Future coding in VR

I’ve been doing a lot of computer programming for VR recently. Yet my software tools are still grounded in traditional screen-based methods.

I am starting to wonder whether the look and feel of computer programming itself will end up evolving, as we start to work more and more in VR. This question will make sense to anyone who remembers the era of punched cards.

Back then you needed to write an entire program, prepare a set of cards with one instruction per line, and submit your deck to compile and run. If you made an error, you had a chance to correct it the next day and try again.

Of course all of that changed after people could program interactively. Errors are now caught immediately, and the ability to rapidly iterate on your program design is simply taken for granted.

Might we see a similar sort of fundamental power-up once we replace screen-based software tools with completely immersive software tools? Will there be a new kind of power-up in productivity that we can as yet only vaguely imagine?

I guess this is a case for Alan Kay’s dictum: The best way to predict the future is to invent it.

2 Responses to “Future coding in VR”

  1. Alan Kay says:

    Hi Ken

    One of the biggest and simplest things that VR can/should bring is large viewing angle 2.5D to allow much more of a system to be shown as a combination of a chart and some code — perhaps pseudocode for intent.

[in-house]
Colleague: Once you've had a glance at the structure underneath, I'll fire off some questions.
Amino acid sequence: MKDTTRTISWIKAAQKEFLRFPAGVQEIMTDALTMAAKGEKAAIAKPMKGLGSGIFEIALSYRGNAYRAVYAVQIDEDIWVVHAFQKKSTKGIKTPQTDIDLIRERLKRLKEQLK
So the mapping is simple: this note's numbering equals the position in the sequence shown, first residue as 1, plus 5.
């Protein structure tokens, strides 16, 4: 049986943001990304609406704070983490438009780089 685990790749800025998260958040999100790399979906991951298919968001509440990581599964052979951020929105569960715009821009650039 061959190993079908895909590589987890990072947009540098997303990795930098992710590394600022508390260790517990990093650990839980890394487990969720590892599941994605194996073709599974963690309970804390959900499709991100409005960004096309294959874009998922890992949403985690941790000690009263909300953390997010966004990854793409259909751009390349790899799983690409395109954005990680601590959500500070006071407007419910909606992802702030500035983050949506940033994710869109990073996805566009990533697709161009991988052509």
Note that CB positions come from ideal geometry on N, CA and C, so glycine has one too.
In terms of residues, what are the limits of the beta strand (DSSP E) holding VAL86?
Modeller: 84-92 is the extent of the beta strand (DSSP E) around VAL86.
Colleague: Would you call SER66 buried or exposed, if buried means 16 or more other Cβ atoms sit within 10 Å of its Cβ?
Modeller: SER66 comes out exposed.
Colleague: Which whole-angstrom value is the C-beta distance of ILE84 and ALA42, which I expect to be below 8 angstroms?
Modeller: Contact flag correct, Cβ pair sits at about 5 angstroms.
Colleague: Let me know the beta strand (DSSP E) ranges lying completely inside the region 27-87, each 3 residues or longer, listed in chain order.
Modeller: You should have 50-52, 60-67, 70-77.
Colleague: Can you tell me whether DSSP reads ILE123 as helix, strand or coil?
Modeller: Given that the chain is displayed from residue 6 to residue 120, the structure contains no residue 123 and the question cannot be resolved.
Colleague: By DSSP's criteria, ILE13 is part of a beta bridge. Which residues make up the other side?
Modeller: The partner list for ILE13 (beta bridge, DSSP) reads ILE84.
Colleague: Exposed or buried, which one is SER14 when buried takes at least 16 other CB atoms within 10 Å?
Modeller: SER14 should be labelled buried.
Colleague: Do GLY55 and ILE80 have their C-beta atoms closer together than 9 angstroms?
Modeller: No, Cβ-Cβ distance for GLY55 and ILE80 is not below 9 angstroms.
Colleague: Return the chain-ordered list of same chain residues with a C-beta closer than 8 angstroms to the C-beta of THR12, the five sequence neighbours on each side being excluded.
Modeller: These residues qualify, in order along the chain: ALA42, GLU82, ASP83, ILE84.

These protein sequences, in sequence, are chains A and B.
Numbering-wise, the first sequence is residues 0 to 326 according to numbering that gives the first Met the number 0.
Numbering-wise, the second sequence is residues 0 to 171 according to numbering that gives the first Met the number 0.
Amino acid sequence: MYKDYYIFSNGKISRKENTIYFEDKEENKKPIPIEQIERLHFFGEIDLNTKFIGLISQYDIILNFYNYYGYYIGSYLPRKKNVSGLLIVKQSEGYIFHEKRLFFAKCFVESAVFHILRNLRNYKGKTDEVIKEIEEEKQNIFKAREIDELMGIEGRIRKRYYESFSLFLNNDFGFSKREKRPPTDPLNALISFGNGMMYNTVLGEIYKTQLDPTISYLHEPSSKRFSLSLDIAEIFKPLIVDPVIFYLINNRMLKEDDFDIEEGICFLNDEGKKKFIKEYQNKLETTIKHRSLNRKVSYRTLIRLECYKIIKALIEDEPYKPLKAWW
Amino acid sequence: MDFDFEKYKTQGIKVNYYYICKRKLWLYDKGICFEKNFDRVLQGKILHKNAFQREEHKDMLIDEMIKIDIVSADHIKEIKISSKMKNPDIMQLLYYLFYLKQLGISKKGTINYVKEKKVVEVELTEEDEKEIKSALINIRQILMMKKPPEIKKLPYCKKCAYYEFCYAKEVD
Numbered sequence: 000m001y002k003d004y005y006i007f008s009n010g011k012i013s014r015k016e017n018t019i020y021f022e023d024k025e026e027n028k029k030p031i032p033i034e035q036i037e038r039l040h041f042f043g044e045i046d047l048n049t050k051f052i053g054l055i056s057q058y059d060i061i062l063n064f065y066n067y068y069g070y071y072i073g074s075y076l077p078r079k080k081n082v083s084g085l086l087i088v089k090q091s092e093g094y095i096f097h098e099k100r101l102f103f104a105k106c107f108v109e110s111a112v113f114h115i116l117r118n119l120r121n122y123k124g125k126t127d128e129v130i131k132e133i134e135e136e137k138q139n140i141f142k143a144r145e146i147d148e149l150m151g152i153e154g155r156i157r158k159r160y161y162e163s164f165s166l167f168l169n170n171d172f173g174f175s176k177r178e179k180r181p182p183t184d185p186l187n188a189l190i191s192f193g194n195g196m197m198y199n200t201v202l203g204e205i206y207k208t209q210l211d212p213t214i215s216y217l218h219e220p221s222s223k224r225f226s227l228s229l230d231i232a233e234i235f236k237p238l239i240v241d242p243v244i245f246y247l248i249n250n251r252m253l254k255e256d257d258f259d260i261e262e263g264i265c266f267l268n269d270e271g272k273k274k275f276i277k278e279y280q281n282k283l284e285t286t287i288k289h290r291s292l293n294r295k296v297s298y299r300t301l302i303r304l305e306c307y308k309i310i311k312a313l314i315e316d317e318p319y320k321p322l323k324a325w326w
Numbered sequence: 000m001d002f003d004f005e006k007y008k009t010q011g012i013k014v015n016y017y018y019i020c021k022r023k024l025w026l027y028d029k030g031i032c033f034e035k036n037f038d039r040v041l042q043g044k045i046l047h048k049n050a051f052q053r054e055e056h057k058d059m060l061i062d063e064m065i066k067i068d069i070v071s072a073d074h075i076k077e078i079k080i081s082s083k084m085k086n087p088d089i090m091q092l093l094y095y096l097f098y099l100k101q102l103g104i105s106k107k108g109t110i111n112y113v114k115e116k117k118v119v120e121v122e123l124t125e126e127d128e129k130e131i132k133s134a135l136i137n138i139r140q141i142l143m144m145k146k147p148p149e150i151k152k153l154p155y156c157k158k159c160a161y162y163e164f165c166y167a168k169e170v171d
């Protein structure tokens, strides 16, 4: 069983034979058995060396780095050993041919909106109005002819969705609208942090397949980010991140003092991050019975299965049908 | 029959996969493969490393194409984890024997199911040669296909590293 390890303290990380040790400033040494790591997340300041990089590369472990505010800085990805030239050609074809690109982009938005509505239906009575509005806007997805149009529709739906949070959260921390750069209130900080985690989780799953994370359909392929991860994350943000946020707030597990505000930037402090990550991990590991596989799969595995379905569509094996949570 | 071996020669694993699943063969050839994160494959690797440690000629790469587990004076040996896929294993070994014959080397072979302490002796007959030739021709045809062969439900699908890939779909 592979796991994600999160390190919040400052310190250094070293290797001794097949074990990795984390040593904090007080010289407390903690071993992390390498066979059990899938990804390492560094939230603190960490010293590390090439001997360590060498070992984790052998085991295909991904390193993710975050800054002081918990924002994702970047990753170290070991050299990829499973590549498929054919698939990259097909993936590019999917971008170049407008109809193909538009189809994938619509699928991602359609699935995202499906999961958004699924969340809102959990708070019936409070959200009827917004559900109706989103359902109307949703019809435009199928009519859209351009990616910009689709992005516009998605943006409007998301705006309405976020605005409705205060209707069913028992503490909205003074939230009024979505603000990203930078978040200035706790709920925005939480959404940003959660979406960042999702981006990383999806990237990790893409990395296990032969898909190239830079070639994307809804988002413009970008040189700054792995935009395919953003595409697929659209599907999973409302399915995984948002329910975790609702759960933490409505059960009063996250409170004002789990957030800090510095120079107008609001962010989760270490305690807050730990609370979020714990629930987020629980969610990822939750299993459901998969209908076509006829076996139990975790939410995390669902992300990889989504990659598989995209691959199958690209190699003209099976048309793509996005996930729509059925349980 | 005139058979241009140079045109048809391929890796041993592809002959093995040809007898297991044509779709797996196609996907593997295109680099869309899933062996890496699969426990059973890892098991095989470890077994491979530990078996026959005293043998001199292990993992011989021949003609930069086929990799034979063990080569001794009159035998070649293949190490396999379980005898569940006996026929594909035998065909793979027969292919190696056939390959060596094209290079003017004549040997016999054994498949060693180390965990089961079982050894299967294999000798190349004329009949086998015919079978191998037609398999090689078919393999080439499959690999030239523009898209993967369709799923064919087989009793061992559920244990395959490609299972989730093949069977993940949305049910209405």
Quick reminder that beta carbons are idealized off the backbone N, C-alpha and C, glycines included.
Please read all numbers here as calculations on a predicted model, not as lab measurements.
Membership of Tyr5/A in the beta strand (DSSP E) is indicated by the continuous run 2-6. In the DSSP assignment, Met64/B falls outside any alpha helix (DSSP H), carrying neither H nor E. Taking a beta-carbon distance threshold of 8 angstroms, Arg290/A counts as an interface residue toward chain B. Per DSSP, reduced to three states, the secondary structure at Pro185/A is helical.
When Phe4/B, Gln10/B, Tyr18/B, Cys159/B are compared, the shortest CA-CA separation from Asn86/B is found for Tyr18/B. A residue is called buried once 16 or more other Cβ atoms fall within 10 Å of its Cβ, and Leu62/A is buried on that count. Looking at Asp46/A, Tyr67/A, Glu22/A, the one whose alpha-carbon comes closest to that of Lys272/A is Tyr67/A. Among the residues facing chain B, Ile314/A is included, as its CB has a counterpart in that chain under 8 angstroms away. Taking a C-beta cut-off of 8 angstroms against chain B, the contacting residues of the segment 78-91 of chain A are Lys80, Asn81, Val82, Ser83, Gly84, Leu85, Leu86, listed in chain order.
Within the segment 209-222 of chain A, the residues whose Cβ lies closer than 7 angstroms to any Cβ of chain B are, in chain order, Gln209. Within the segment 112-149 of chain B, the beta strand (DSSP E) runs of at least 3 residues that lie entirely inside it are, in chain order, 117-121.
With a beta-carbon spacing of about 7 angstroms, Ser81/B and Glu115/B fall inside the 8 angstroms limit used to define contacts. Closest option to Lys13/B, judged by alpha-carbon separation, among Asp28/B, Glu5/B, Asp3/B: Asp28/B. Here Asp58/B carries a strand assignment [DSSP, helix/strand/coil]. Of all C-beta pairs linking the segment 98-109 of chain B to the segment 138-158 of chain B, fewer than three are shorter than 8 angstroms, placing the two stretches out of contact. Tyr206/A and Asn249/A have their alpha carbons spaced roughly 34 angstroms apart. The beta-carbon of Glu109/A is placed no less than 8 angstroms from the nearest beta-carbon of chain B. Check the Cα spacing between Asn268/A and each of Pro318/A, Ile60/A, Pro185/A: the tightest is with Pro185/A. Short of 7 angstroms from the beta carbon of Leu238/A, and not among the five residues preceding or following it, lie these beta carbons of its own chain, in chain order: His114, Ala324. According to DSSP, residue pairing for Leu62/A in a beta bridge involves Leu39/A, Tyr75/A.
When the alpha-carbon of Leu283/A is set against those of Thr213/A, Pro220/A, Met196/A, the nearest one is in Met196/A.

This has not been done much yet because most VR headset folks have not had hi res wide angle as their priority (being more interested in high frame rate and lower res etc).

    In talks, I often show Bret Victor’s 5′ x 8′ chart about “seeing spaces” and point out that it can’t be read legibly on a laptop screen (a laptop can only show a tiny part of the chart legibly at a time).

    The nice thing about wide angle VR is that it can match up to human “foveal focus” and “peripheral awareness” so that something like his chart — or another favorite chart of mine that shows “metabolism” at the molecular bio level — can be handled quite well with decent head position sensing and damping.

    Exploiting 2.5D in VR should be a natural for graphics people to work on, but they’ve been too lured by 3D …

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